– Retire (to retire or go out of business) means to retire obsolete applications that are no longer running or are meaningless. – Retain affects applications that continue to operate meaningfully in their current form. – Replace replaces applications that continue to make sense in terms of their functionality with existing other or new applications, preferably using standard solutions. – Rework (rebuild) transfers applications with meaningful functionality to a new platform so that they can then be deeply modernized.

According to Ballüder, there are three possible replacement and rework strategies.

1. Standard software is particularly promising when business processes can be easily transferred to the applications. 2. New development is particularly suitable for applications that are not freely available on the market or with highly specialized functionality. However, the approach is cost-intensive and time-consuming, and carries the greatest risk. In addition, in terms of defining the requirements, it also places a heavy burden on specialist departments. The new development makes sense if business models are to change fundamentally, for example in the transformation of classic insurance policies into an insurance-on-demand model. 3. Code transformation is based on tool-assisted transformation of applications to a modern platform such as Java or .Net. The logic and functionality of the application are largely preserved in the process. In addition, code conversion also enables re-hosting to a cheaper platform. Prevent them from unwanted write-offs in case the legacy applications are replaced.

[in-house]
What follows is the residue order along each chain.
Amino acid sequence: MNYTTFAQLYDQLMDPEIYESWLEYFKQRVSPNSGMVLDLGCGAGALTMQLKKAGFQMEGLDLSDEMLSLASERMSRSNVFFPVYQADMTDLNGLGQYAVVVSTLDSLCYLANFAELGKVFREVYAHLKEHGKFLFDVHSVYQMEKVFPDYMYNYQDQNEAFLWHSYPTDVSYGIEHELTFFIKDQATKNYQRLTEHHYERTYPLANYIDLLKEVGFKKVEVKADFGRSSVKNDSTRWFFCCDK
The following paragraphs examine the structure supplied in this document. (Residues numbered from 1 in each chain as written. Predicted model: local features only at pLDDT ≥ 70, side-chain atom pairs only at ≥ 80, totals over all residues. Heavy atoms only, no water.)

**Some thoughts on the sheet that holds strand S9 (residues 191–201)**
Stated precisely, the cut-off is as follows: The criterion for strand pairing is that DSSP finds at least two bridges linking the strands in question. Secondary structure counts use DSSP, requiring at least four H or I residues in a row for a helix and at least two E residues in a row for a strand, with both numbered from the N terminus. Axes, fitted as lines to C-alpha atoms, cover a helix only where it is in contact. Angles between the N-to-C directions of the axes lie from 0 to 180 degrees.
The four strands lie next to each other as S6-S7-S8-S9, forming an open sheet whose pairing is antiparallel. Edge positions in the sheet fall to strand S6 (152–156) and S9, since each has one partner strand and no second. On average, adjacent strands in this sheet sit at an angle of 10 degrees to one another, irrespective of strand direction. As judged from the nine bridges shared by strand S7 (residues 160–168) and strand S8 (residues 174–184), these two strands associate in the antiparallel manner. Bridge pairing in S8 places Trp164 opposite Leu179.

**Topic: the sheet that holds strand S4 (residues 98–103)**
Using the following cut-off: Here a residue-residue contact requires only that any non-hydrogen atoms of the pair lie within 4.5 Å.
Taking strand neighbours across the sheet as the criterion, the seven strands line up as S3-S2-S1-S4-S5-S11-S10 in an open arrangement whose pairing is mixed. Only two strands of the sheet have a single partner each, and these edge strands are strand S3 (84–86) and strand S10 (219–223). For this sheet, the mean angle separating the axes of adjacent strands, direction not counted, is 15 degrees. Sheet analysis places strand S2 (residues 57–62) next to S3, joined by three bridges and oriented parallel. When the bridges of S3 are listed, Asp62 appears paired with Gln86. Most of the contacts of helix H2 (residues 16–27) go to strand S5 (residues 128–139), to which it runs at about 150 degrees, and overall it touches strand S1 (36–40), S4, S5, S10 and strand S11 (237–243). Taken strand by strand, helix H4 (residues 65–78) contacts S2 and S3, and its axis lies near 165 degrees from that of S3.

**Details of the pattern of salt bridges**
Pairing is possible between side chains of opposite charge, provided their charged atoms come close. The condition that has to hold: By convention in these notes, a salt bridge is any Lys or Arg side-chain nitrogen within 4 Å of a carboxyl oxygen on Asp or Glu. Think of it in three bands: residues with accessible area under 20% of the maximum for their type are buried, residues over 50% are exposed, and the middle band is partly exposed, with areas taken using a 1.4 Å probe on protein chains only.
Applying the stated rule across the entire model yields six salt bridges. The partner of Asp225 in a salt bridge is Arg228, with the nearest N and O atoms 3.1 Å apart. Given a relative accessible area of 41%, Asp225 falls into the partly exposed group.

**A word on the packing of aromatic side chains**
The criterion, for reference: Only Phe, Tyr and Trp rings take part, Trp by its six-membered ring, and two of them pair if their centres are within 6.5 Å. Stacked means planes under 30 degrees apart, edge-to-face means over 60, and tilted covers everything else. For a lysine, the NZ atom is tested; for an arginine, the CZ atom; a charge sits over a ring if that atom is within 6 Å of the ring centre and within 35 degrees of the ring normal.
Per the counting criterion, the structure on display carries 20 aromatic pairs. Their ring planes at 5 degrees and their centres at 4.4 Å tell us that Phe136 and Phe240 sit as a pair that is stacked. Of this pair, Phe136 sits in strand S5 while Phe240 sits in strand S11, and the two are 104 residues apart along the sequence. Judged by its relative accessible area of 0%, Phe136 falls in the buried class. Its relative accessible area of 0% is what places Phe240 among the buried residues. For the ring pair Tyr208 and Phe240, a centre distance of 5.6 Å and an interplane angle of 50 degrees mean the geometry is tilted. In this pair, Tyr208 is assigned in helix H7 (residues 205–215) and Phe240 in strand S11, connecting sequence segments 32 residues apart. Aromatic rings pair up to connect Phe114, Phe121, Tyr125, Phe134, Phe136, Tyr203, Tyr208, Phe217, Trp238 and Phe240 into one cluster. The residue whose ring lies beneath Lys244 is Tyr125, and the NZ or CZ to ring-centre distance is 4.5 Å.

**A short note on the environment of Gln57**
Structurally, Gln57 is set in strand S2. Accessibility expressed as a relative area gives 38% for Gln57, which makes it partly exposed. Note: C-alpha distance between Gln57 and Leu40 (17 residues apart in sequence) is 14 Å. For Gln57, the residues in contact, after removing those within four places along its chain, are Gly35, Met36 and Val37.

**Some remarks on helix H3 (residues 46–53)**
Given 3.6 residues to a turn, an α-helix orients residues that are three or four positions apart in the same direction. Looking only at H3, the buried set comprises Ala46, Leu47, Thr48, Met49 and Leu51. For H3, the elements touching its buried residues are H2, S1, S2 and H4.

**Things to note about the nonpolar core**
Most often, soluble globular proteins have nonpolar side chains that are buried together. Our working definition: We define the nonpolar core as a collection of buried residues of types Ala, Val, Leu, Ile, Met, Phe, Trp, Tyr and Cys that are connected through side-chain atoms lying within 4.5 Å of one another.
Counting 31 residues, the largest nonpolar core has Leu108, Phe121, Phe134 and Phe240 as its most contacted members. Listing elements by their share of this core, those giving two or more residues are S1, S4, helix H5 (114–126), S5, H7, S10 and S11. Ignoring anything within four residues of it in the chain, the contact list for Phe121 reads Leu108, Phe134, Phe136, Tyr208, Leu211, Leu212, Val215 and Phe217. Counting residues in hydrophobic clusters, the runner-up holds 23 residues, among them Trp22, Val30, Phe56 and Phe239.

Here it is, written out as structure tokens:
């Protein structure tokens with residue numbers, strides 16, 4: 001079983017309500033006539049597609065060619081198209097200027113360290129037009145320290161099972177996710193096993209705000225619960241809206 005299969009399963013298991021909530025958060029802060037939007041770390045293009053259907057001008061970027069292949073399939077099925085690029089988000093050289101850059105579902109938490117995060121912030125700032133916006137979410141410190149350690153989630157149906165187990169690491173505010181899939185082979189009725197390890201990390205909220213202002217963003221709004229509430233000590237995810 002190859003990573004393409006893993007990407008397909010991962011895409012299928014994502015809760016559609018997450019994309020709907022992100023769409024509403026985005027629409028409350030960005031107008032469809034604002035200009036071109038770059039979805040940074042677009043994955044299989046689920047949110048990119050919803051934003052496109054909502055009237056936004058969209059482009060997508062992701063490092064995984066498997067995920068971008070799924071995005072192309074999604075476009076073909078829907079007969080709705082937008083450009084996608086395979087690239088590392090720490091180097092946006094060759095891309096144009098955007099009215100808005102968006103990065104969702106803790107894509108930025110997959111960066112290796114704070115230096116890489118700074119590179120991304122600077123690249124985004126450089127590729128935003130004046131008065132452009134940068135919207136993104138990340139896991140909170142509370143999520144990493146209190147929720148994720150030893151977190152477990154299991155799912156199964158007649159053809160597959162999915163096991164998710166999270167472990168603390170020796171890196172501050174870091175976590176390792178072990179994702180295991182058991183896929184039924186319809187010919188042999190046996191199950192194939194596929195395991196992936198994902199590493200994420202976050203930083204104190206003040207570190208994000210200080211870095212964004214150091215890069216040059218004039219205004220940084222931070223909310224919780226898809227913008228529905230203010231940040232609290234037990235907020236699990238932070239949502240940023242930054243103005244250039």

As it is further stated, so far, action has been taken mainly where legacy applications can be replaced by standard software. But what runs on mainframe environments can usually only be modernized via new development or transformation of the applications, he said. The transformation usually delivered the better business case in the process. Also enable faster modernization towards a cloud-native architecture.

"A lot of legacy systems are so old that it's hard to read the data that's on them anymore. In the process, they can be of immeasurable value to businesses. With the EU General Data Protection Regulation, or GDPR for short, and the stricter data retention guidelines that come with it, there has been a growing awareness to dig out this treasure trove of data and move it to a modern platform in the cloud. This is also reflected in increased customer inquiries about our consulting services and highly acclaimed managed cloud services, as well as partnering with leading cloud providers such as Microsoft Azure and AWS," say the all-for-one experts.